|Noticeboard||Beth Din||Archives||Add Event||Subscribe||Privacy||Log in|
In Melbourne Shabbat begins Fri 5 May 2017 05:10 PM and ends Sat 29 Apr 2017 06:16 PM
כ"ו ניסן ה' אלפים תשע"ב
The main subject in the Torah reading for this week is animals, their treatment and their function in the sacrificial system and the selection and preparation of animals for human consumption.
There is a whole order of Mishnah called Kodashim, "Those which are sanctified." This includes all the Kosher Laws and discusses the qualities of animals which are to be eaten by humans and those to be offered in the Temple to God. These animals must have qualities to which human beings should aspire in that they are primarily passive. The rabbis in the Talmud attributed wholesome characteristics to the animals that could be "consumed" or ingested by humans or metaphorically and ceremonially to the Almighty. To ingest these animals or to offer them to God (which would ordinarily seem like a waste since God doesn't eat) was ordained by God and God, in effect, commissioned these animals to be elevated to the service of God by both consumption and by sacrifice.
In the case of human consumption, the animal was elevated through providing protein to humans which they should convert to deeds of goodness in their lifetime. In the case of sacrifice, the animal symbolically placed on the altar in our stead when we have either achieved a sense of completion that is associated with a life well lived or alternatively, we are burdened with evil thoughts or behaviour patterns. What was going up in smoke on the altar? Upon the completion of a great project or a significant achievement in our lives, we offer up the gift of our lives and turn a new page. When we carry the burden of guilt, or actual transgressions that can never truly be restored to the state in which they existed before we began our involvement, we can offer something of ourselves that can never be retrieved.
The metaphor of going up in smoke is meant to relieve us only if we want forgiveness and admit our mistake. It will never work without confession. The two goats on Yom Kippur are a good example of such a concept of transference. The one goat that is slaughtered on the altar in the Holy of Holies represents the side of each of us that led a life in the past year deserving of sending up to God with a tick, as an offering of completion. The other goat is led to a cliff and dropped to its death. This goat represents the part of us that is identical in appearance to the first goat but which is completely unredeemable. In real life, a person cannot be separated in such a way. Yom Kippur offers the opportunity to really drop those parts of ourselves off the side of a metaphorical cliff! This is one example of the idea that entities are given into the Service of God and that God allows His creatures to be used for human consumption and self elevation.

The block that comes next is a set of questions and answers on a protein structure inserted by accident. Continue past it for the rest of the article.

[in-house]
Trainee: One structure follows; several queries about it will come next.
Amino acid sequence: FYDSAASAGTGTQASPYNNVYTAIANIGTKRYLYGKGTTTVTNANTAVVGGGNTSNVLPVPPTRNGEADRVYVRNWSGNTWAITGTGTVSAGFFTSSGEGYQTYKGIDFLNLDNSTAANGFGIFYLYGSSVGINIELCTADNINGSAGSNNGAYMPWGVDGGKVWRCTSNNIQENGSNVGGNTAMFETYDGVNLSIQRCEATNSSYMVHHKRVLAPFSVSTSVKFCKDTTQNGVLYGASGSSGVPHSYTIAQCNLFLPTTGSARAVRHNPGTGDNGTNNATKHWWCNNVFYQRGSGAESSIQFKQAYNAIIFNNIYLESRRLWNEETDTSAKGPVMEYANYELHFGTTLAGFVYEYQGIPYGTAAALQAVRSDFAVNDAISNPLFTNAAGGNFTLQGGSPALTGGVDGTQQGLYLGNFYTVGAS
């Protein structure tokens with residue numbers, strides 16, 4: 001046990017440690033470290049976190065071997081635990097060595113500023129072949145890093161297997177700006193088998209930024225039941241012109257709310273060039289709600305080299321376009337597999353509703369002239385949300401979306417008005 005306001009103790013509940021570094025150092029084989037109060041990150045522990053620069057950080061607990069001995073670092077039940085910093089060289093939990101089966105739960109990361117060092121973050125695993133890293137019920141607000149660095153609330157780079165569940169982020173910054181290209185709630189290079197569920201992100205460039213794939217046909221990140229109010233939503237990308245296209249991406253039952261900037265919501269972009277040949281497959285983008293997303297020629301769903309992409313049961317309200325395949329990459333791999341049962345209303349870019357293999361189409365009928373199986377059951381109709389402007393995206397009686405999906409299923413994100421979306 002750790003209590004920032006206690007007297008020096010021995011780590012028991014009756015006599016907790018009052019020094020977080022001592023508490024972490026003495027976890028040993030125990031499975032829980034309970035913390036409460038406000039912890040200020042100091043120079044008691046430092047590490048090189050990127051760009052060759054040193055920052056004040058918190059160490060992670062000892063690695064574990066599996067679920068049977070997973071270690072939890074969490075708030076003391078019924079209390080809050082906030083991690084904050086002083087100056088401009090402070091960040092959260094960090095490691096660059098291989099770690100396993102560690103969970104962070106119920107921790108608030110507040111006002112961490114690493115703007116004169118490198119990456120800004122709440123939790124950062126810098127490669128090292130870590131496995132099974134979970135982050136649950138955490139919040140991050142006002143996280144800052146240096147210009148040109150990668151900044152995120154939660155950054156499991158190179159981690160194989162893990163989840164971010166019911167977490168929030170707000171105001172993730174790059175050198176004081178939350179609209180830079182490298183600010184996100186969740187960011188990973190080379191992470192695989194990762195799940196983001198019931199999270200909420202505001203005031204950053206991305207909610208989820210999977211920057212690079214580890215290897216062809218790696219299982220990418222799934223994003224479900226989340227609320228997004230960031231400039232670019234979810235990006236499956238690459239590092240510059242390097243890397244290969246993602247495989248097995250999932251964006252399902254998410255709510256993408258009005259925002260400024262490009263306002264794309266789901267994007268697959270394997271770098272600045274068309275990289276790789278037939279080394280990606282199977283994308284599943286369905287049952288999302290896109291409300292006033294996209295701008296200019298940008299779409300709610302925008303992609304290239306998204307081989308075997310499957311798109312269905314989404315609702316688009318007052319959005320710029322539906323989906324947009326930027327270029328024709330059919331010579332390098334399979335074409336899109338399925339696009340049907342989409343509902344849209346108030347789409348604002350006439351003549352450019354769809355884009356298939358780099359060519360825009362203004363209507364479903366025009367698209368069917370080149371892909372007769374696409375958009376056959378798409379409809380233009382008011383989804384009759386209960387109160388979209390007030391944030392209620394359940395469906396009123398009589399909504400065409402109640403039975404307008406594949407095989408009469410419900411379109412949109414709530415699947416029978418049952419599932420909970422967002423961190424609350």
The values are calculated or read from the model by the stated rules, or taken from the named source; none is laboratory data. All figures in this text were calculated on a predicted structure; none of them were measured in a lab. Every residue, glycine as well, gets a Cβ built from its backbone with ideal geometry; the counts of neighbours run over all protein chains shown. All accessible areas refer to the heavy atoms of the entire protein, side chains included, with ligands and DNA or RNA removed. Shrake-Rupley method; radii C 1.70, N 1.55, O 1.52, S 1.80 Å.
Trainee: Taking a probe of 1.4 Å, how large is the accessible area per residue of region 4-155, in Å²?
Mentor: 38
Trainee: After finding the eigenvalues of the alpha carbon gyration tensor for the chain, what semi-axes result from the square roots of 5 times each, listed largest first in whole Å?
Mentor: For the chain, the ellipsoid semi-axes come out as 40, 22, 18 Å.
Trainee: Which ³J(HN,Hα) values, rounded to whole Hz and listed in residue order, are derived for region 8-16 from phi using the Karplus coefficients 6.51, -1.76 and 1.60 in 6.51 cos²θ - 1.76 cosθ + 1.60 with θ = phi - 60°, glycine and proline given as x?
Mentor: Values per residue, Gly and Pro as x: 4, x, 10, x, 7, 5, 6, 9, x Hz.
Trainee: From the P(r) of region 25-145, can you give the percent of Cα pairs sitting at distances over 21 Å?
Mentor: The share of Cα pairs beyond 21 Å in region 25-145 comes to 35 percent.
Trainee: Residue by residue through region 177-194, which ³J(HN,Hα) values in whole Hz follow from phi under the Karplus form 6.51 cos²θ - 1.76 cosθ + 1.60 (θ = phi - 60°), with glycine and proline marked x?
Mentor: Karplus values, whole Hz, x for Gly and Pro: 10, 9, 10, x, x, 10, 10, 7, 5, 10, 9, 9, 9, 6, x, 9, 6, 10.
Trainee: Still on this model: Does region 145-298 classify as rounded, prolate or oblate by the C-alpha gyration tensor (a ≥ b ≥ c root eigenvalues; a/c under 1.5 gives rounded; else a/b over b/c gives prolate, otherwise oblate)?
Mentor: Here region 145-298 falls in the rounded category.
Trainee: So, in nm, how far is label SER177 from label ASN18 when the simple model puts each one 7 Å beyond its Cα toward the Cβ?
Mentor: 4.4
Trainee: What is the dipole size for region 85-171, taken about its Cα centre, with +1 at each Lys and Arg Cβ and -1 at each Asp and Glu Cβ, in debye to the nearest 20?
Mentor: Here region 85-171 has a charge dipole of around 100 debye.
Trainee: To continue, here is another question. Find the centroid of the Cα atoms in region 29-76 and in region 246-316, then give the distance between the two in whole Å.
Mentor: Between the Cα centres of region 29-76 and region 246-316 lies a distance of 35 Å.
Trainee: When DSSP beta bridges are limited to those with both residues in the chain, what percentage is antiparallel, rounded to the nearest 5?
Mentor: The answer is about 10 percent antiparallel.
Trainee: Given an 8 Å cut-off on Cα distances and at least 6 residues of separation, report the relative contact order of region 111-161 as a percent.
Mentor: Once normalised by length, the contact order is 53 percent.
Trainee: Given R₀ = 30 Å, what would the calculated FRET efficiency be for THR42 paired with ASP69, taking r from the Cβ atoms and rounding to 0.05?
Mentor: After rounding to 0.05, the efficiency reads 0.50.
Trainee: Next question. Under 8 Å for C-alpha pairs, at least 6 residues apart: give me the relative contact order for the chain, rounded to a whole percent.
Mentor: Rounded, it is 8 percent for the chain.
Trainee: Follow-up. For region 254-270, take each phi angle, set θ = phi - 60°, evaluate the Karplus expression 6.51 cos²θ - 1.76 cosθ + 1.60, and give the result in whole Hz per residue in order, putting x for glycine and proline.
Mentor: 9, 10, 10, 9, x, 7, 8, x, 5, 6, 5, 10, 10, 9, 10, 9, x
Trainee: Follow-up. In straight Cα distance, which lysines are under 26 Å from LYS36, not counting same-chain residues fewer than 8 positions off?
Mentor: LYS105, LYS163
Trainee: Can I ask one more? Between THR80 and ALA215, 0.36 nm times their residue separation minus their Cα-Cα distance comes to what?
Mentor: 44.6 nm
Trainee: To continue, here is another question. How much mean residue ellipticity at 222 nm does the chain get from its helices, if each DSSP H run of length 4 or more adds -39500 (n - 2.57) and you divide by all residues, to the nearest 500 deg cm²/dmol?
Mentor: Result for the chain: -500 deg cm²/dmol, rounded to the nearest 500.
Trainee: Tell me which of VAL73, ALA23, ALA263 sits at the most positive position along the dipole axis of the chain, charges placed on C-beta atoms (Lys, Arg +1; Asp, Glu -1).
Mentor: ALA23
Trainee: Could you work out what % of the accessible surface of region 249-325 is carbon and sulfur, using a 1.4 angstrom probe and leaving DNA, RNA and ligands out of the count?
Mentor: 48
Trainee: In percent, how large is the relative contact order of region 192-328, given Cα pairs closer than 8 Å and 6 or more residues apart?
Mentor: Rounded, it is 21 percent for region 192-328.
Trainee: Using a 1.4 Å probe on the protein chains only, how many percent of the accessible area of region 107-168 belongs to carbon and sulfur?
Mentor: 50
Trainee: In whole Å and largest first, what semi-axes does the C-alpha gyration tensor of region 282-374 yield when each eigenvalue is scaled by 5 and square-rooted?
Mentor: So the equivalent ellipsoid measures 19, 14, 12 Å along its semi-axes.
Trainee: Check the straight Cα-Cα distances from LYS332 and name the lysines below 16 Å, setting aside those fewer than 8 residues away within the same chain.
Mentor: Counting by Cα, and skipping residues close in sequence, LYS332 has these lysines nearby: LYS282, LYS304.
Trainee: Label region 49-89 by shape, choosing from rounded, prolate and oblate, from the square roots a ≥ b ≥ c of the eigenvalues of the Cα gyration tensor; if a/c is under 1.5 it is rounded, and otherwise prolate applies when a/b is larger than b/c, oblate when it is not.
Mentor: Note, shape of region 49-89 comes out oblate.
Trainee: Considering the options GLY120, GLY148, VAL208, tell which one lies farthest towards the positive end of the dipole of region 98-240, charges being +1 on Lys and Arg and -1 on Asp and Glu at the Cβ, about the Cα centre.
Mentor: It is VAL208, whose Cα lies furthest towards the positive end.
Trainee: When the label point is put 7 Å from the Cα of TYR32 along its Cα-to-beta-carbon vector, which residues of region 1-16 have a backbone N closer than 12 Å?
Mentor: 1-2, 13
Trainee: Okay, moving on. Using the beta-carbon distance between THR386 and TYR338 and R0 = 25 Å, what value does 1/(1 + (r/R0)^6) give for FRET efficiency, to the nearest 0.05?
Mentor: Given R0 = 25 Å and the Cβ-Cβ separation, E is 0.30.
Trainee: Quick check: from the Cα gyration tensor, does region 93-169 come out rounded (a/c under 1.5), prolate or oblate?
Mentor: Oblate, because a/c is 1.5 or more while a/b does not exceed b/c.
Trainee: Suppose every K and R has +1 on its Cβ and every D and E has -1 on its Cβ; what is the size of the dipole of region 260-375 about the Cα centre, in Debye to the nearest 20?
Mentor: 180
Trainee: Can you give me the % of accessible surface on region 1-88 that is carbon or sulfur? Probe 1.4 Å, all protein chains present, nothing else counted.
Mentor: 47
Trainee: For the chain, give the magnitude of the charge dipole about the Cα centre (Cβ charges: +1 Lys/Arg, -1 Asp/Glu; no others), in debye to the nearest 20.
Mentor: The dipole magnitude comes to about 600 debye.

Animals, post slaughter must be checked in terms of their health to qualify for being consumed by a human or offered on the altar. The animal must be slaughtered in a painless way and must not have had fear or been hunted. The cow and the lamb are the quintessential pure and willing sacrifice. The Talmud sees these animals in an anthropomorphic way being willing to stand in our place, to offer themselves up to God in our place. We can add the goat as it appears alongside the lamb in the Pesach Seder in the famous song about the "one little goat." In Chad Gadya, the kid is associated with the Jewish People who have always been singular to God but who are at the bottom of the food chain in many situations. The law of the purely Red Cow which we encounter in the Maftir Portion read together with this portion in leap years (as last year). This is the most obscure ritual contained in the Bible. Its significance in having its ashes used in cleansing humans from a form of ritual impurity contracted through contact with the dead is difficult to explain. Here is a cow again, a very naïve kind of animal. There is no way of restoring a person back to the naive state before they saw and encountered the death of a relative or comrade. It is hard to believe that anything could wash away that image. This ritual somehow was there to recognize and solemnize the change in us and help raise us up out of our malaise. Through reading about these peculiar rituals, we need to understand that they convey a truism in our lives today, that the imposition of God's will in our life must be made concrete. Eating is so basic. Does God care what I eat and how I eat, whether at a table or in front of the TV? Does God see whether I put in a 100% effort into my relationships? I think He would like us to know that answer is yes. We call this dignity of life and of course we realize now as always that we have to know what is in our food. This whole book of Leviticus is talking about the impact that our casual daily actions and exposure to violence or indecent conduct has on our soul. Even rushing through meals or not really paying attention to a child is corrosive to the soul. There is a challenge in commenting on a Parasha such as the one this week. Having been a vegetarian for 15 years of my life, it is very unpalatable in some ways but I hope we can see a deeper message about the little things which make us live with dignity and respect.